Hall of Fame baseball catcher Yogi Berra died on Tuesday at the age of 90.  His passing was announced by the team he won 10 world championships with as a player and one as a manager: the New York Yankees.  (He also coached the New York Mets to a title.)

The New York Times does its usual fine job with the obituary – including this little nugget that explains a lot of Yogi's appeal:

In 1949, early in Berra’s Yankee career, his manager assessed him this way in an interview in The Sporting News: “Mr. Berra,” Casey Stengel said, “is a very strange fellow of very remarkable abilities.”

He was an underappreciated catcher whose abilities were sometimes belittled, but who did nothing except win championships, playing for the Yankees during the most dominant streak by any team in baseball history.  From 1948 to 1964, the Yanks played in an astonishing 14 of 16 World Series, winning 10.  And Berra was a big part of that dynasty.

But the younger generation knows Berra – if at all – by what came to be known as "Yogi-isms" – sometimes strange, sometimes goofy words of wisdom:

  • "Baseball is 90 percent mental. The other half is physical."

  • "All pitchers are liars or crybabies."

  • "He hits from both sides of the plate. He's amphibious."

  • "You can't think and hit at the same time."

  • "So, I'm ugly. I never saw anyone hit with his face."

  • "It's déjà vu all over again."

  • "You can observe a lot just by watching."

  • "I'm not going to buy my kids an encyclopedia. Let them walk to school like I did."

  • "Why buy good luggage? You only use it when you travel."

  • "The towels were so thick there I could hardly close my suitcase."

  • "Cut my pie into four pieces. I don't think I could eat eight."

  • "Never answer an anonymous letter."

  • "When you come to a fork in the road, take it."

But, at bottom, Yogis was a fabulous baseball player:

The character Yogi Berra may even have overshadowed the Hall of Fame ballplayer Yogi Berra, obscuring what a remarkable athlete he was. A notorious “bad ball” hitter — he swung at a lot of pitches that were not strikes but mashed them anyway — he was fearsome in the clutch and the most durable and consistently productive Yankee during the period of the team’s most relentless success.

In addition, as a catcher he played the most physically grueling and concentration-demanding position on the field. (For a respite from the chores and challenges of crouching behind the plate, Berra, who played before the designated hitter rule took effect in the American League in 1973, occasionally played the outfield.)

Stengel, the Hall of Fame manager whose shrewdness and talent were also often underestimated, recognized Berra’s gifts. He referred to Berra, even as a young player, as his assistant manager and compared him favorably to star catchers of previous eras like Mickey Cochrane, Gabby Hartnett and Bill Dickey. “You could look it up” was Stengel’s catchphrase, and indeed the record book declares that Berra was among the greatest catchers in the history of the game, some say the greatest of all.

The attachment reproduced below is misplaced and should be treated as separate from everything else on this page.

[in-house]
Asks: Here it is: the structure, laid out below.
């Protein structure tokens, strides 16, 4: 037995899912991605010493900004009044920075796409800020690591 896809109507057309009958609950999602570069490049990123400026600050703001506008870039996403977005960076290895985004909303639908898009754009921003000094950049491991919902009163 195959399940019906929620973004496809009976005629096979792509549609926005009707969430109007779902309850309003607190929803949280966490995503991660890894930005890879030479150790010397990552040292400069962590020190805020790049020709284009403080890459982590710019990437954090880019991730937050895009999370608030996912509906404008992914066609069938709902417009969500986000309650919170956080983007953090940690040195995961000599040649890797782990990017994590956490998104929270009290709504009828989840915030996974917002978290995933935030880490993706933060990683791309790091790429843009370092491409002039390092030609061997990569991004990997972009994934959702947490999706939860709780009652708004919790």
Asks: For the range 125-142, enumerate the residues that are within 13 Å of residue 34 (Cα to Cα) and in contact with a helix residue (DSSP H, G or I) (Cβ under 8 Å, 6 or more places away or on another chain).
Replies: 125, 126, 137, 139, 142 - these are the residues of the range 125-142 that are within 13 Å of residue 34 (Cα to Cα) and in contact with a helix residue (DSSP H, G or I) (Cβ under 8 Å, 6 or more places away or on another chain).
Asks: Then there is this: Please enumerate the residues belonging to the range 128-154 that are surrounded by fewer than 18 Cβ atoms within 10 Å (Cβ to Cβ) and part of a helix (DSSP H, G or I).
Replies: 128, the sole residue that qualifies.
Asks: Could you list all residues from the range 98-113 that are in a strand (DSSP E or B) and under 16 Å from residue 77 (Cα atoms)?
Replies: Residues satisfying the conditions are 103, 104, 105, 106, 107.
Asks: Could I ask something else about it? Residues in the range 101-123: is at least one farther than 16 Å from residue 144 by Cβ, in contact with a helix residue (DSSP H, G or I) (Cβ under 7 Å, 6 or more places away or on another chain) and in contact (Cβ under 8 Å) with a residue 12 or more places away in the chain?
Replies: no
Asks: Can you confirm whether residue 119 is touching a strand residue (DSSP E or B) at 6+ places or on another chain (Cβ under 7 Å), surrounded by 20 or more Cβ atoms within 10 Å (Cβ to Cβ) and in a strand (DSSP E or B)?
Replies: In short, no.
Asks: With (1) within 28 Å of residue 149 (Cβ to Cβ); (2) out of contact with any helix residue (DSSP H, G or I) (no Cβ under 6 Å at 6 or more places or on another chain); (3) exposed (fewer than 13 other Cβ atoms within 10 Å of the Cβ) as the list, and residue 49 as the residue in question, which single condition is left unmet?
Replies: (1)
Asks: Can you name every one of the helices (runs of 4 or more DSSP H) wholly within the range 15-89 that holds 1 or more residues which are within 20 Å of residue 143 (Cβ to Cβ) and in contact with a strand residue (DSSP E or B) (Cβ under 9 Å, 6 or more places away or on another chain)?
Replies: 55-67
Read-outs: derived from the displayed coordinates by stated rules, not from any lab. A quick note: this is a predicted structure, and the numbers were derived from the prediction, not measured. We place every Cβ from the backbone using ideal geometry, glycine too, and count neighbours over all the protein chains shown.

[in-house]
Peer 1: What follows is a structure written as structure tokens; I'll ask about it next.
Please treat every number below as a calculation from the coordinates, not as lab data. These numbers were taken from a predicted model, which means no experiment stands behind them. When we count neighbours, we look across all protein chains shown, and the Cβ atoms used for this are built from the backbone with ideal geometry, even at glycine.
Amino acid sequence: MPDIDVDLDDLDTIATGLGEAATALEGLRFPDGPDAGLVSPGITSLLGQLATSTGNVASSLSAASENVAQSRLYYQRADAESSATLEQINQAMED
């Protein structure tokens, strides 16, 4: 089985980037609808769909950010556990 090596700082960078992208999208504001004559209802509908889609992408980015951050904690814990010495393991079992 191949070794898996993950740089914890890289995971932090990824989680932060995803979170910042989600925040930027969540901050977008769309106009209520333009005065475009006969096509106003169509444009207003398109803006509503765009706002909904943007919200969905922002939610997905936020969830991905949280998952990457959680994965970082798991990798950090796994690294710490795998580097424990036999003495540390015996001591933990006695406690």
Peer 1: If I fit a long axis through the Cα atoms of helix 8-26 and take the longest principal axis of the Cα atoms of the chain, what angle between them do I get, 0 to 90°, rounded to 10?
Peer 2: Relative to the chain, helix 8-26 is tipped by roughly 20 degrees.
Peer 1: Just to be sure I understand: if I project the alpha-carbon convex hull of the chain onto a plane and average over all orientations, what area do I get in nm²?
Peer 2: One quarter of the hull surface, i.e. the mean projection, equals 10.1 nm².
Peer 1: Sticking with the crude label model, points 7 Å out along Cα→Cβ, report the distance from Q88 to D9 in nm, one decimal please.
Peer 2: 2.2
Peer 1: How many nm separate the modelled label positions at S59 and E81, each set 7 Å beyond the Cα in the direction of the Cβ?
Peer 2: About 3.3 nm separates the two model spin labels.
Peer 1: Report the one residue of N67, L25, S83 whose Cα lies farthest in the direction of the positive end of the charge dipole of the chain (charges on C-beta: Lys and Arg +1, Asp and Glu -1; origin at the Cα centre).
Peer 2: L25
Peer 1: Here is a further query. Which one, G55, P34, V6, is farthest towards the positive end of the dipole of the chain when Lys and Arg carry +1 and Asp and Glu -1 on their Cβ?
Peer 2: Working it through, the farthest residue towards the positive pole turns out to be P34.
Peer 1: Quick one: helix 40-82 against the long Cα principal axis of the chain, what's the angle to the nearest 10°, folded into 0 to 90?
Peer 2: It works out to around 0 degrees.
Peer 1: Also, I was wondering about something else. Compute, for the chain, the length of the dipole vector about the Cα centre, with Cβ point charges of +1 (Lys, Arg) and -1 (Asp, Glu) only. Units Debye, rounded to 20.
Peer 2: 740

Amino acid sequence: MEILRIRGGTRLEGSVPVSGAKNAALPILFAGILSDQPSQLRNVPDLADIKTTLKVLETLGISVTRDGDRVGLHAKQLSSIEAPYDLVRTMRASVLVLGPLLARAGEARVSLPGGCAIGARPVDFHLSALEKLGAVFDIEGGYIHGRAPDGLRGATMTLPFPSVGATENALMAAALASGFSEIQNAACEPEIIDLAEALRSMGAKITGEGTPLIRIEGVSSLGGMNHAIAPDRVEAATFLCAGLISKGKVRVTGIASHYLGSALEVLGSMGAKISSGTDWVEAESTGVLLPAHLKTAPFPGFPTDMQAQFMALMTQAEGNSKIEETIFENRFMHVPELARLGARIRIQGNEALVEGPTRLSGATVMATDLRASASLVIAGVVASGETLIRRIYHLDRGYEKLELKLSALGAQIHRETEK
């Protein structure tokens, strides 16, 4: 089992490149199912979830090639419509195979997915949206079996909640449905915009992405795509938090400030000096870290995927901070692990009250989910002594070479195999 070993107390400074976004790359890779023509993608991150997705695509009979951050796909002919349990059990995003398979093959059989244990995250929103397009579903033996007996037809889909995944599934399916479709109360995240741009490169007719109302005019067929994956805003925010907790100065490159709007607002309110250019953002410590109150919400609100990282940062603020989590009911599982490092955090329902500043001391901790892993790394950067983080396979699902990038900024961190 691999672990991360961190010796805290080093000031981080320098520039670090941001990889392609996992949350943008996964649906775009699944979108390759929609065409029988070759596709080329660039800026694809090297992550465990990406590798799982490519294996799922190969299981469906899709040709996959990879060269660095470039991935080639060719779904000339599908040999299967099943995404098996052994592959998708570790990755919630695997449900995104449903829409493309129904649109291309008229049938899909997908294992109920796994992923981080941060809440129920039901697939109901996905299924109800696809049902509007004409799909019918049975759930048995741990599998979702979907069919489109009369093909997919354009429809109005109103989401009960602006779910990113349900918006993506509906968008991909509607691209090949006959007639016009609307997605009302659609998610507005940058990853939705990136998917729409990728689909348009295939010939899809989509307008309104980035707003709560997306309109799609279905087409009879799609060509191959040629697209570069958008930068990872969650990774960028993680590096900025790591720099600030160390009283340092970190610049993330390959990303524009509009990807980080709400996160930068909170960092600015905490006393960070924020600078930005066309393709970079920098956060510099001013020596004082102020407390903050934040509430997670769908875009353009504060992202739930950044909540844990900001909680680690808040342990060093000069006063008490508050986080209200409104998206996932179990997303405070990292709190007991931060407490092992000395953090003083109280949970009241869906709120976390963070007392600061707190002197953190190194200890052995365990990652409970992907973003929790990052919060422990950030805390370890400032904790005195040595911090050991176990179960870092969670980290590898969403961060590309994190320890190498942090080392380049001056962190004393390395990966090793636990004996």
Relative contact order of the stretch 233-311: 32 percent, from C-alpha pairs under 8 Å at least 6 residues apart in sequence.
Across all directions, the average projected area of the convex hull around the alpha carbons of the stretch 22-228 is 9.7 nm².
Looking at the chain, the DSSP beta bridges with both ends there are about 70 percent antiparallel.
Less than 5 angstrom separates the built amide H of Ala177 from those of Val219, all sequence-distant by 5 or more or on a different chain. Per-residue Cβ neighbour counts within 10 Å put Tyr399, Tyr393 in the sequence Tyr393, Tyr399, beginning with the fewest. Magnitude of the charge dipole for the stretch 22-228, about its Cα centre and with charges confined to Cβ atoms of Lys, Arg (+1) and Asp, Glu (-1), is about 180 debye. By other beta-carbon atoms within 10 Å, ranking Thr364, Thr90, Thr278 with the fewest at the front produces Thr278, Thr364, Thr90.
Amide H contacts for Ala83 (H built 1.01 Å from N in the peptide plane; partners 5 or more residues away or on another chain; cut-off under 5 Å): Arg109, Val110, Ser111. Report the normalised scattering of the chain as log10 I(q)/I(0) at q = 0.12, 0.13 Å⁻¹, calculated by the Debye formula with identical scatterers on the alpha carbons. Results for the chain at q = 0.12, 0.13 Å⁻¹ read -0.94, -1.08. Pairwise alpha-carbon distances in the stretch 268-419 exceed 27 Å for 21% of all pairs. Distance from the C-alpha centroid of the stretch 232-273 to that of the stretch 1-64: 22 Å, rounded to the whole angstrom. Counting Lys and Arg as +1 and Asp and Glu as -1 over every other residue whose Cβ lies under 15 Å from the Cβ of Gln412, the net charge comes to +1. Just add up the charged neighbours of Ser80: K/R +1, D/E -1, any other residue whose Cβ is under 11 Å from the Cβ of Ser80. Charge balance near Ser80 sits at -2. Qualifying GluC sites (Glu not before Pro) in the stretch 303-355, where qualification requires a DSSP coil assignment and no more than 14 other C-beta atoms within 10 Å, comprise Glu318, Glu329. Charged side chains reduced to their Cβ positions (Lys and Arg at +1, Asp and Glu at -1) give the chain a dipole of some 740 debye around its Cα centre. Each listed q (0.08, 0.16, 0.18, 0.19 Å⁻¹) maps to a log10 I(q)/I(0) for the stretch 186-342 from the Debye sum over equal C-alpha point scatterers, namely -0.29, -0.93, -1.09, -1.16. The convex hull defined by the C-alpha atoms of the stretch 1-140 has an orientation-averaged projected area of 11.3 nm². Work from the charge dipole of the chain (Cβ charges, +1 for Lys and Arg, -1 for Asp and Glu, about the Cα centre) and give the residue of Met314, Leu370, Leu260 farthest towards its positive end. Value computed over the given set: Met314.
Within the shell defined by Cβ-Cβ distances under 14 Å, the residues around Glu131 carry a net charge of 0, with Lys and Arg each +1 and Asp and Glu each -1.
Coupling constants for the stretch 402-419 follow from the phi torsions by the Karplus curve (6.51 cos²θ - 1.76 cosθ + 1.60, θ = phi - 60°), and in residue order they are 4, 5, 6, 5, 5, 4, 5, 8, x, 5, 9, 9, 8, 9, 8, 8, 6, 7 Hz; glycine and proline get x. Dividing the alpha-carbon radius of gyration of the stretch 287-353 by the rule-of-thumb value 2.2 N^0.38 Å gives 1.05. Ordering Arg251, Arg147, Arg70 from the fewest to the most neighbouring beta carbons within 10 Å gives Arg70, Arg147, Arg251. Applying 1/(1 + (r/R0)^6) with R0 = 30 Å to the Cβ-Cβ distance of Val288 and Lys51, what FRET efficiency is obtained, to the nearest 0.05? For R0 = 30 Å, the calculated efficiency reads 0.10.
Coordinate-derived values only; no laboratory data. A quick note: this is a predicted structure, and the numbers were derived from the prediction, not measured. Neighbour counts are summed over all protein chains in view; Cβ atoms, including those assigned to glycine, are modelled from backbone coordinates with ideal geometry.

Berra’s career batting average of .285 was not as high as that of his Yankee predecessor Dickey (.313), but Berra hit more home runs (358) and drove in more runs (1,430). Widely praised by pitchers for his astute pitch-calling, Berra led the American League in assists five times, and from 1957 through 1959 went 148 consecutive games behind the plate without making an error, a major league record at the time — though he was not a defensive wizard from the start.

Dickey, Berra explained, “learned me all his experience.”

On defense, he certainly surpassed Mike Piazza, the best-hitting catcher of recent vintage — and maybe ever. Johnny Bench, whose Cincinnati Reds teams of the 1970s were known as the Big Red Machine, and Berra were comparable in offensive production, except that Bench struck out three times as often. Berra whiffed a mere 414 times in more than 8,300 plate appearances over 19 seasons — an astonishingly small ratio for a power hitter.

Berra played on teams that featured numerous Hall of Fame inductees, including Joe DiMaggio, Mickey Mantle, Phil Rizzuto, and Whitey Ford, which is why he was sometimes overshadowed on the field. 

But Berra took second place to no one when it came to entertaining the fans.  He is being referred to as an "American Classic."  In this, as with most other statements being made about the beloved Yogi, there is understated greatness.